Bulgarian intel chief: Mossad helped free nurses from Libya

Five nurses and Palestinian doctor accused in Lybia of infecting children with AIDS were held in Lybian prison for months, allegedly tortured.

July 31, 2007 23:02
jpost services and tools

jp.services2. (photo credit: )


Dear Reader,
As you can imagine, more people are reading The Jerusalem Post than ever before. Nevertheless, traditional business models are no longer sustainable and high-quality publications, like ours, are being forced to look for new ways to keep going. Unlike many other news organizations, we have not put up a paywall. We want to keep our journalism open and accessible and be able to keep providing you with news and analyses from the frontlines of Israel, the Middle East and the Jewish World.

As one of our loyal readers, we ask you to be our partner.

For $5 a month you will receive access to the following:

  • A user uxperience almost completely free of ads
  • Access to our Premium Section and our monthly magazine to learn Hebrew, Ivrit
  • Content from the award-winning Jerusalem Repor
  • A brand new ePaper featuring the daily newspaper as it appears in print in Israel

Help us grow and continue telling Israel’s story to the world.

Thank you,

Ronit Hasin-Hochman, CEO, Jerusalem Post Group
Yaakov Katz, Editor-in-Chief

UPGRADE YOUR JPOST EXPERIENCE FOR 5$ PER MONTH Show me later Don't show it again

The Mossad was among more than a dozen foreign security services that helped free five Bulgarian nurses and a Palestinian doctor from life imprisonment in Libya in a long-disputed AIDS-transmission affair, Bulgaria's intelligence chief said on Monday. Gen. Kirtcho Kirov told the 24-Tchassa daily that the Mossad "put us in contact with people in Libya and across the world who had the information and influence to create a favorable psychological environment to resolve the problem," Agence France Press reported. Held in Libya since 1999, the six were initially sentenced to death after being convicted of deliberately infecting 438 children with the HIV virus, then had that sentence commuted to life imprisonment. Libya allowed the six, who always maintained their innocence, to return home last week after Bulgaria agreed to forgive millions of dollars in debts that Libya owed Bulgaria. Kirov also said a former top official at the British overseas intelligence service MI6 put the Libyan and Bulgarian intelligence chiefs in contact. The general said several Arab countries were involved, including "our Palestinian friends," Egypt, Algeria and Morocco, which "provided information and used their influence" on Libya.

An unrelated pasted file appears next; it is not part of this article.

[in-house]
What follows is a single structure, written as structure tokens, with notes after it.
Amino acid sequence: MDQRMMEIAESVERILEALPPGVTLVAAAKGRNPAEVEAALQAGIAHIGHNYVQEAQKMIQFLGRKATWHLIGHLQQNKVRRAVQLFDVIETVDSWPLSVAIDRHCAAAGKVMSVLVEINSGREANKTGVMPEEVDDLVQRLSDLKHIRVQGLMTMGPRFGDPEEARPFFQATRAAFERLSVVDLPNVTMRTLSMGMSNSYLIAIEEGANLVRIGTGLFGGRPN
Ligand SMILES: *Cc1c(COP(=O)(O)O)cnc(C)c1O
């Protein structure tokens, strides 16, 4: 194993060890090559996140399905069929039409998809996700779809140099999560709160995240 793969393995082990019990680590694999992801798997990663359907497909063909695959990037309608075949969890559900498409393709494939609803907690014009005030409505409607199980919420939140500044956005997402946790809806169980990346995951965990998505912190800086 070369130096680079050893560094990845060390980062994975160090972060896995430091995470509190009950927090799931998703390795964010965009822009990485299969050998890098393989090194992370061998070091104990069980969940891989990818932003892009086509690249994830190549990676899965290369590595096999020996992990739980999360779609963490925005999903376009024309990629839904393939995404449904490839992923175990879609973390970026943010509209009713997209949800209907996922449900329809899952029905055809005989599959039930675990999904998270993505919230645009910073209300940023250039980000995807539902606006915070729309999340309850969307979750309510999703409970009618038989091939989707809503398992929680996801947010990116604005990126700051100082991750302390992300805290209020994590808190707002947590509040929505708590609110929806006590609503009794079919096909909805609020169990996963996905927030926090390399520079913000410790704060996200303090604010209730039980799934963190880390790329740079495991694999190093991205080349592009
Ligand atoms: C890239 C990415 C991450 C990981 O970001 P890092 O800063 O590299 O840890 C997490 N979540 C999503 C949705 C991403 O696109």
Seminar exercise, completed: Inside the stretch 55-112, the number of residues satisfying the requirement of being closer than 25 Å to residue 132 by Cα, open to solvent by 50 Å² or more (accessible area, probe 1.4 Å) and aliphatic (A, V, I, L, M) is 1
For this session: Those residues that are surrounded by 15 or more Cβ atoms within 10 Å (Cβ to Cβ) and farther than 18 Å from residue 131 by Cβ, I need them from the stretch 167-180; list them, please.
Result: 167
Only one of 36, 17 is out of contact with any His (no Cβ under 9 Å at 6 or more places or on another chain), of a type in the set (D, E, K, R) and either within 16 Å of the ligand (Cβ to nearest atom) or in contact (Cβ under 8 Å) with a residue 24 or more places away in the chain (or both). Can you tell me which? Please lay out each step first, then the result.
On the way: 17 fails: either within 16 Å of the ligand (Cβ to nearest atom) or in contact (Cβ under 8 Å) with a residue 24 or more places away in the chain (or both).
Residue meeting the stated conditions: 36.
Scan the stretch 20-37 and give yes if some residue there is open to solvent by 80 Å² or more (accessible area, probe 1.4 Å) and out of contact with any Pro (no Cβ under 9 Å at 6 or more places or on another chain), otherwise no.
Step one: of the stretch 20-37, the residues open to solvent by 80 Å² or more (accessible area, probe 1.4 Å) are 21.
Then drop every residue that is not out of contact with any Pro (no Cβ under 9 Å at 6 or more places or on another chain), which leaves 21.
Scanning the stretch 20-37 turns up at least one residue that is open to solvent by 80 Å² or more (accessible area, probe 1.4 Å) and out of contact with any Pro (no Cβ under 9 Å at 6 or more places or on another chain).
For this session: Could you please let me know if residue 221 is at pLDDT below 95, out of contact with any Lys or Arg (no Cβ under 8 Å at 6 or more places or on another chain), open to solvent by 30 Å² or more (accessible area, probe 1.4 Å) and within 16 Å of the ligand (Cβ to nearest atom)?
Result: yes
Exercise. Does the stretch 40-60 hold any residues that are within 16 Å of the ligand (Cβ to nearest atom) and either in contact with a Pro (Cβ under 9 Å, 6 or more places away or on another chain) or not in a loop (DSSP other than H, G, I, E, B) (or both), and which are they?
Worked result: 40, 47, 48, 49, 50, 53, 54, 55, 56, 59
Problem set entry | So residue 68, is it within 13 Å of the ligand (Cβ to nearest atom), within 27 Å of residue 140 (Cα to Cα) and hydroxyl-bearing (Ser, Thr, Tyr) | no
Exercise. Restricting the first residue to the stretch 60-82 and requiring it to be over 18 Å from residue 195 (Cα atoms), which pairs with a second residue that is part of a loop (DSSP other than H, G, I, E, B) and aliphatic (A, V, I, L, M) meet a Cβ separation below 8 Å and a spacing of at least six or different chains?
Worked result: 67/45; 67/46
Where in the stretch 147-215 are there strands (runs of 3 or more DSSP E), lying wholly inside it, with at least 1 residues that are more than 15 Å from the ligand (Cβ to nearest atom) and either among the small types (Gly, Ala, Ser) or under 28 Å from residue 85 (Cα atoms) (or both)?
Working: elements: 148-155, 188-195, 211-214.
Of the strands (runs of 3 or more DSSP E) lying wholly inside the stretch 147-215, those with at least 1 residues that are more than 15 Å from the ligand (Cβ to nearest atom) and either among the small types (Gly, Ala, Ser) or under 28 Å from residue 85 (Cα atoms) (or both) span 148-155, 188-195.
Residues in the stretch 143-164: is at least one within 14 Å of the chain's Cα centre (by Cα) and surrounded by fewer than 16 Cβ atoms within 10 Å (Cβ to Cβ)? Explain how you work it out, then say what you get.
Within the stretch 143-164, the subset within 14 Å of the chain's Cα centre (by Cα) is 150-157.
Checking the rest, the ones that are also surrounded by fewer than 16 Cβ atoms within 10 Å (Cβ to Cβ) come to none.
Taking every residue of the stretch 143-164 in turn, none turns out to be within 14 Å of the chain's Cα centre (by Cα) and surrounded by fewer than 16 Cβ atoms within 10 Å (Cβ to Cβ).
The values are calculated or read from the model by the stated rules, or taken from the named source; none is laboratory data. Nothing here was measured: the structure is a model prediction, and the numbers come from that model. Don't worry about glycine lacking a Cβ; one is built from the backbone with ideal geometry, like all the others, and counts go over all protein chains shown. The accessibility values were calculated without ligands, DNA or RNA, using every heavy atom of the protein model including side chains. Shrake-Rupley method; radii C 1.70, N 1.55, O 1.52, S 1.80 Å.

Related Content

July 19, 2018
UK Labour MP calls Jeremy Corbyn ‘racist’ and ‘antisemite'